Population ecology intro


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Population ecology intro

  1. 1. Population Ecology<br />
  2. 2. What is population?<br />Group of individuals of the same species that live in the same area<br />
  3. 3. Does population change?<br />Sea otters, kelp, and sea urchins<br />
  4. 4. Kelp forests offer a habitat for sea otters<br />Sea urchins feed on kelp<br />Sea otters feed on sea urchins<br />
  5. 5. Then come the hunters...<br />
  6. 6. What do you think happens when sea otters are hunted?<br />Sea urchins increase or decrease?<br />Kelp forest increase or decrease?<br />Sea otters are then placed on the endangered species list<br />So now what happens to the population of sea otter?<br />Starts to increase<br />How does this affect the kelp and the sea urchins?<br />Sea urchins start to get eaten again=decrease in #<br />Kelp increases b/c less sea urchins to eat them<br />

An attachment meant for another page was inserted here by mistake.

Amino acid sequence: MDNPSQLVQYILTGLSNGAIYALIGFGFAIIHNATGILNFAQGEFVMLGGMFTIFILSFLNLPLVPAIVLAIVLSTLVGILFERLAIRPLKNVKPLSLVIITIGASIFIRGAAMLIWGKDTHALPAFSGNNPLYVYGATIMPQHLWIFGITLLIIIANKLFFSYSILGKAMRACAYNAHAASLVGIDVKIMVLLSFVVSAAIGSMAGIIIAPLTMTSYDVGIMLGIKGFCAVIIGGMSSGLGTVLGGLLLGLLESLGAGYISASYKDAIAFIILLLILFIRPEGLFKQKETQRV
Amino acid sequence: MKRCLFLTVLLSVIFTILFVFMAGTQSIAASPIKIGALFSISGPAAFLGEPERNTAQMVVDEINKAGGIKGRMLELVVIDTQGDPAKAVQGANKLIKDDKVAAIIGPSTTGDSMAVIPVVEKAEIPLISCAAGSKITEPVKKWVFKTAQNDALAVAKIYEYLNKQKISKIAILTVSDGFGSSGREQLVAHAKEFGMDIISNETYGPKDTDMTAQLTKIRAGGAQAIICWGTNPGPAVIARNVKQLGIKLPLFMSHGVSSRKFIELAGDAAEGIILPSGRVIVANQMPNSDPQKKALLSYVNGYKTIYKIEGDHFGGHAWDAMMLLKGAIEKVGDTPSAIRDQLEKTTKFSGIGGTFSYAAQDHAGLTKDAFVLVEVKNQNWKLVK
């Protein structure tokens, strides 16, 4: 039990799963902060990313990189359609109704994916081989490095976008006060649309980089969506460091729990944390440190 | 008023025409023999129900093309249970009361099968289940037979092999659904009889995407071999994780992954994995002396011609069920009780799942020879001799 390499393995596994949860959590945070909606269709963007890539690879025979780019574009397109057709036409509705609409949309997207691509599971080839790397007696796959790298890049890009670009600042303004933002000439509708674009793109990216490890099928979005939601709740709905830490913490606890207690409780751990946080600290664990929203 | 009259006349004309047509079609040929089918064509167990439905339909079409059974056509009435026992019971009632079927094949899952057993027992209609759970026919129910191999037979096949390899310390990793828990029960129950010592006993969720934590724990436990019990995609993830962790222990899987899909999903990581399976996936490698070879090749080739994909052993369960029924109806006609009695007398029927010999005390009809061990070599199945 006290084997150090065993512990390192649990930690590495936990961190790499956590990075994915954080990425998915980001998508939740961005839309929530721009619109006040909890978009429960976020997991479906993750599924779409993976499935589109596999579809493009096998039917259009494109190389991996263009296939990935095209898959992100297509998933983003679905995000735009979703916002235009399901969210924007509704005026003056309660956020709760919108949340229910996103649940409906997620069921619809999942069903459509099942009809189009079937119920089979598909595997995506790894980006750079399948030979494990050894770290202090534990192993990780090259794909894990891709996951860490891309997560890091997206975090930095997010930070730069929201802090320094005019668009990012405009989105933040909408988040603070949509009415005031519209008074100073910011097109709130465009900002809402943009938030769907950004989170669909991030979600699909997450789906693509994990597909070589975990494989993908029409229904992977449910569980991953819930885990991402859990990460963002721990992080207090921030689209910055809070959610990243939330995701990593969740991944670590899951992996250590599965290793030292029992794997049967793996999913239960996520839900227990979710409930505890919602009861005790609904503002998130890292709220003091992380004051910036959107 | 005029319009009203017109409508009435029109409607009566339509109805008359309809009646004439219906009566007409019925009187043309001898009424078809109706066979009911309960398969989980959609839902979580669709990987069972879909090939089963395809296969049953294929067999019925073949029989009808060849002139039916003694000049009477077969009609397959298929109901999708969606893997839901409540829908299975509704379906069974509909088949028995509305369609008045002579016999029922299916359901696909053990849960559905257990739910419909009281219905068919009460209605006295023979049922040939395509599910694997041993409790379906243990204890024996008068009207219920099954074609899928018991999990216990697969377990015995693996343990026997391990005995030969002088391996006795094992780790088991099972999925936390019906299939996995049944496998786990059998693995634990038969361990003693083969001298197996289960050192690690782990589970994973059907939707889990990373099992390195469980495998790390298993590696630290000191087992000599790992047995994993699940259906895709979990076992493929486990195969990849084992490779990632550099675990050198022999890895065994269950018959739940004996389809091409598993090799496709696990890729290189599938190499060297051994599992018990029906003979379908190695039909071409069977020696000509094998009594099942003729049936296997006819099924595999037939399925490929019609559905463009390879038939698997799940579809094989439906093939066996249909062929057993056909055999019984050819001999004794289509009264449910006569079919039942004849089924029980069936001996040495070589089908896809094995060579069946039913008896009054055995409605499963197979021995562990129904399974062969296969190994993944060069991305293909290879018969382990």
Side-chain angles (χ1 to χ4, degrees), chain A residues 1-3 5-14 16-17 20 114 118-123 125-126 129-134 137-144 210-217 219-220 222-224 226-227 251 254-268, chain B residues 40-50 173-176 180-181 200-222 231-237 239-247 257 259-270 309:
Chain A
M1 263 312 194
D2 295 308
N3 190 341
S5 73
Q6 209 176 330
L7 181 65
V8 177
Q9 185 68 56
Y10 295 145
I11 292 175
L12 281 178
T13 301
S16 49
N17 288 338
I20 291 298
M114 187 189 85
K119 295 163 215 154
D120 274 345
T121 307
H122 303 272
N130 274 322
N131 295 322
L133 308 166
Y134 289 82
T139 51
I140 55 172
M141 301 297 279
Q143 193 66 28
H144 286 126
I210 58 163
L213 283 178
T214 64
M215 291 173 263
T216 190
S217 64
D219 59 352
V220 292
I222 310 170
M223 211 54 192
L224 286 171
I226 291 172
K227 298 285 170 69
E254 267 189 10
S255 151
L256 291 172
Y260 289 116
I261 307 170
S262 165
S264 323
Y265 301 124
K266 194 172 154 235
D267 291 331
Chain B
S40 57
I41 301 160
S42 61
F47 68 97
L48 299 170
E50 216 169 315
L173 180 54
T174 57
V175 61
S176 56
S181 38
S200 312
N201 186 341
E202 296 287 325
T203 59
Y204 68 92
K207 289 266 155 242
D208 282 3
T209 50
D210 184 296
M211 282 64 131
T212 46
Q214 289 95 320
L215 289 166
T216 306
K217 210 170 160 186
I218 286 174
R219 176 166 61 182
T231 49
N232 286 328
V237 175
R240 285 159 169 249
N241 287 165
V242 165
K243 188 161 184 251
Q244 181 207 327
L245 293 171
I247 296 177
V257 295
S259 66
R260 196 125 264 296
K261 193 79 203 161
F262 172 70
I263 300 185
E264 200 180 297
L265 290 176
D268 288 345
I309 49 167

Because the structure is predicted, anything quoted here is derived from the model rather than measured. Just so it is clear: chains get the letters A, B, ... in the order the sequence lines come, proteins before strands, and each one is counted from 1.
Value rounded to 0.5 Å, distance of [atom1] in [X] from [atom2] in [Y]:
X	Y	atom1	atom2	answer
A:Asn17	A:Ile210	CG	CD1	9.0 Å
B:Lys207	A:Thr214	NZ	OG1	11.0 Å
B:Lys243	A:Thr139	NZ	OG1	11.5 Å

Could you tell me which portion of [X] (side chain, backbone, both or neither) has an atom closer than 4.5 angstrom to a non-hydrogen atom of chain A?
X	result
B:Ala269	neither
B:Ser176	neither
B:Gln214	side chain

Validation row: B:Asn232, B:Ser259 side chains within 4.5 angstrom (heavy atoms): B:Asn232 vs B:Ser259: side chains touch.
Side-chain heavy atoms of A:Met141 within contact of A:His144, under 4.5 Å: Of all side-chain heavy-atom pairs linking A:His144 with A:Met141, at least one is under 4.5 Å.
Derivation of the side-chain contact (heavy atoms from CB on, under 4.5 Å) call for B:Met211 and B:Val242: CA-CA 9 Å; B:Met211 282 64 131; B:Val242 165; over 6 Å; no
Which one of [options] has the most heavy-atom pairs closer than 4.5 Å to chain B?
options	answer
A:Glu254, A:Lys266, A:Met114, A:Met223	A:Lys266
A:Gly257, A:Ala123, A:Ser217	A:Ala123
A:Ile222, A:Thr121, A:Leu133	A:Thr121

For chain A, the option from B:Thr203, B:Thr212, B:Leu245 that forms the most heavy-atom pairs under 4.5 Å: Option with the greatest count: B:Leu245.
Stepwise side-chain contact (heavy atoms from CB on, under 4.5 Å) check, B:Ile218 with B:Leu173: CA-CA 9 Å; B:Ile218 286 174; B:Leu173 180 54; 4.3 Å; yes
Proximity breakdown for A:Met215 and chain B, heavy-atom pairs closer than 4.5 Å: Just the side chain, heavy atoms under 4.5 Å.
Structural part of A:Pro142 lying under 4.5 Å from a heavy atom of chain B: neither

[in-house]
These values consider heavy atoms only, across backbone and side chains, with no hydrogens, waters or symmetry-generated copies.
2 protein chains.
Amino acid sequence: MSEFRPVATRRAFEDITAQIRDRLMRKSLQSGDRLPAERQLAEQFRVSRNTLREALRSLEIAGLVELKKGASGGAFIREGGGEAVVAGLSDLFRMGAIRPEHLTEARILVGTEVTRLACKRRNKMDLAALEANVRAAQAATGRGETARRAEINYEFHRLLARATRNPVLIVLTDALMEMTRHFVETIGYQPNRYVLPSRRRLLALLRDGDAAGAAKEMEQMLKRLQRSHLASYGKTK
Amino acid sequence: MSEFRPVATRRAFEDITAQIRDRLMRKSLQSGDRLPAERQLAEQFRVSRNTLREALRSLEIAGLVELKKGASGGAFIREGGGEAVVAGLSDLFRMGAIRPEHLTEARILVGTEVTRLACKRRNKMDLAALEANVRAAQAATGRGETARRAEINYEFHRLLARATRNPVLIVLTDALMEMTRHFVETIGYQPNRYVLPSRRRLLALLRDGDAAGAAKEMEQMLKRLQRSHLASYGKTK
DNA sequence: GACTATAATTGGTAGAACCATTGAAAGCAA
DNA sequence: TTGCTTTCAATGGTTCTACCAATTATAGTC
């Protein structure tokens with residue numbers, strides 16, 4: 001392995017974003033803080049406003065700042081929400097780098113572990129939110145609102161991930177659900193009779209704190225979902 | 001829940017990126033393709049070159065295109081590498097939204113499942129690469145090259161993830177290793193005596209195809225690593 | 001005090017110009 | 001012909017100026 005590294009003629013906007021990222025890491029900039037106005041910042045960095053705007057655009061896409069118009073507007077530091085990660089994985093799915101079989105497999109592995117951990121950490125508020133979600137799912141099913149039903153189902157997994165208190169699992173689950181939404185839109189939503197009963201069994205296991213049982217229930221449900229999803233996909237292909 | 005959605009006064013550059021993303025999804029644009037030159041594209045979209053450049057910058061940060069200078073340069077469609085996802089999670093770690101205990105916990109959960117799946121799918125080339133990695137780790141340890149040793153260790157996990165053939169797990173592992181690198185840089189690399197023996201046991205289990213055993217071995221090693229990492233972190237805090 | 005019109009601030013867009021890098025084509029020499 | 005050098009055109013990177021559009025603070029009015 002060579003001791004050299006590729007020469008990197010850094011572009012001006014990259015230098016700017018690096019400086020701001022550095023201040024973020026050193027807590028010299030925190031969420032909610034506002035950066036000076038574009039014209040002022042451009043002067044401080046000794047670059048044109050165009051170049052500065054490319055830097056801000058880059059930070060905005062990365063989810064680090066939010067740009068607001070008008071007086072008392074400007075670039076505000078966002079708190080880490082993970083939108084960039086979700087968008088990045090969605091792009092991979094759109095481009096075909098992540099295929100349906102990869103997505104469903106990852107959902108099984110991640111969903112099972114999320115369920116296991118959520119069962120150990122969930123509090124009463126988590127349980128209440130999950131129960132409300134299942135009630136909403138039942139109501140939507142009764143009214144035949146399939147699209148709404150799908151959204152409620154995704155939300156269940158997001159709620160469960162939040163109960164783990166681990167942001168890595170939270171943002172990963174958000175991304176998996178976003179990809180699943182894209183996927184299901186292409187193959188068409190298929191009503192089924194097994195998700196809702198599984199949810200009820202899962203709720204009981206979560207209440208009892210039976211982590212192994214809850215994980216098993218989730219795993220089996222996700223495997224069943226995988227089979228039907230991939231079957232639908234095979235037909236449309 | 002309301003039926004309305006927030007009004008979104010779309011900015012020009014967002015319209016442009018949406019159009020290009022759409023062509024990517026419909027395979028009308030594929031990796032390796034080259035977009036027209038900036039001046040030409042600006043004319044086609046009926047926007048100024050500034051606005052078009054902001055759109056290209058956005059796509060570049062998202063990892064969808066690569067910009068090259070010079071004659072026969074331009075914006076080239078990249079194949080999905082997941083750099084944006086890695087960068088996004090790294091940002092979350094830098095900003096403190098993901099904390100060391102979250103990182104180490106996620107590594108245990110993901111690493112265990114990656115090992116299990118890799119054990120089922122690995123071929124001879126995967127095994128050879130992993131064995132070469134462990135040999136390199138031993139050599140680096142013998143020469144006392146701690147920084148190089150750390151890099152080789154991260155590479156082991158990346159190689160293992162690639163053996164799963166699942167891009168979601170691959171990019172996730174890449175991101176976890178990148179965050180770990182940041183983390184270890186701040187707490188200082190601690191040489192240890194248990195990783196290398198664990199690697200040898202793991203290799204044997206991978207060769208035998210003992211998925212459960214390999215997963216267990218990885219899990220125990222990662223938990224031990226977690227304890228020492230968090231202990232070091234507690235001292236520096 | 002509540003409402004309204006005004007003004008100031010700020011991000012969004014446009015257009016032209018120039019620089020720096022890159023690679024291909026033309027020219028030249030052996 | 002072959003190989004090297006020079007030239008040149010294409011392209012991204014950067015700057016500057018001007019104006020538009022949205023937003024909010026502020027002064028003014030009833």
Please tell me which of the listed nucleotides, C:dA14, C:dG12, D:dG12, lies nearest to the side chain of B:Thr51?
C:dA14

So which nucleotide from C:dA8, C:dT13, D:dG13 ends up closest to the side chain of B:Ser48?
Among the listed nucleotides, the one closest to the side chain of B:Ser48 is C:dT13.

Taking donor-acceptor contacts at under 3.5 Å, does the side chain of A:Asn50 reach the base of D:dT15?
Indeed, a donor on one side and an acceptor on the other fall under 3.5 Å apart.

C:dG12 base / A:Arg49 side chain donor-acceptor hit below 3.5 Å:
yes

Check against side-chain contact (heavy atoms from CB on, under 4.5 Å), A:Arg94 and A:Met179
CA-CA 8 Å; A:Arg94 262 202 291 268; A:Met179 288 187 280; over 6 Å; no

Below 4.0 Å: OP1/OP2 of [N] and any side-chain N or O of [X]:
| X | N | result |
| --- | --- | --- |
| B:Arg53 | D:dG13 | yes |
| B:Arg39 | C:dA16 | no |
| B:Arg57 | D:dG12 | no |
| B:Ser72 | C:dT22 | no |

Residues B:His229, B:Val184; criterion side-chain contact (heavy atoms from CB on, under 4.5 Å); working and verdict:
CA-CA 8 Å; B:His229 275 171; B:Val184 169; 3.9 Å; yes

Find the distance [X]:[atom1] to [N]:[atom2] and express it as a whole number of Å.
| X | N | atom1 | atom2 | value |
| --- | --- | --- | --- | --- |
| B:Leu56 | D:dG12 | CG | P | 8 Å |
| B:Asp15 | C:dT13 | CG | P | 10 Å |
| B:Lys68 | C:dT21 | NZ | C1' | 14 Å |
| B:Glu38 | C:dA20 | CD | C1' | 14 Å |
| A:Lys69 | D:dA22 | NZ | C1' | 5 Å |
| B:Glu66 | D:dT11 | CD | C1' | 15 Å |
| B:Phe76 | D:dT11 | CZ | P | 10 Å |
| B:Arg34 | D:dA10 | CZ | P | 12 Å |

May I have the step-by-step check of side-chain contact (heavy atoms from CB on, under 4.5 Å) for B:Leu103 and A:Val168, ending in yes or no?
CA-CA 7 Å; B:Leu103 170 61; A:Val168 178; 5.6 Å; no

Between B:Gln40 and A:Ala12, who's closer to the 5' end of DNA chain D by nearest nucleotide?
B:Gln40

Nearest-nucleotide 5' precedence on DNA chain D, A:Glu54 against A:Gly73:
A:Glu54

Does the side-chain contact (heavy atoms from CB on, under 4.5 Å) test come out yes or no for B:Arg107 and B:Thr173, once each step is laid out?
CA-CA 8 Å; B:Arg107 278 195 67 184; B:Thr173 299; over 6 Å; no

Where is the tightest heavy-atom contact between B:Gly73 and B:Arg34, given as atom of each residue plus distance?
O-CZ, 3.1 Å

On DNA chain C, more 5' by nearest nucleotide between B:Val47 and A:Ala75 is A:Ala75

7. 7. But now we have a new hunter….<br />
  8. 8. What happens to the sea otter, kelp, and sea urchins?<br />
  9. 9. What does this tell us about population?<br />Population changes<br />There are many factors that influence a population<br />Natural <br />Unnatural<br />Population density has a great impact on ecosystems<br />
  10. 10. 3 importantcharacteristicsof Population<br />Geographic Distribution<br />Density<br />Growth Rate<br />Birthrate, death rate, individuals entering/leaving<br />***Population Age structure is also an important characteristic<br />
  11. 11. Geographic Distribution<br />AKA Range<br />Describes an area inhabited by a population<br />Can vary<br />Few cubic centimeters<br />Kilometers of the ocean<br />
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  14. 14. Density<br /># of individuals per unit area<br />Low density<br />Cactus in desert<br />High density<br />Other desert plants and succulents<br />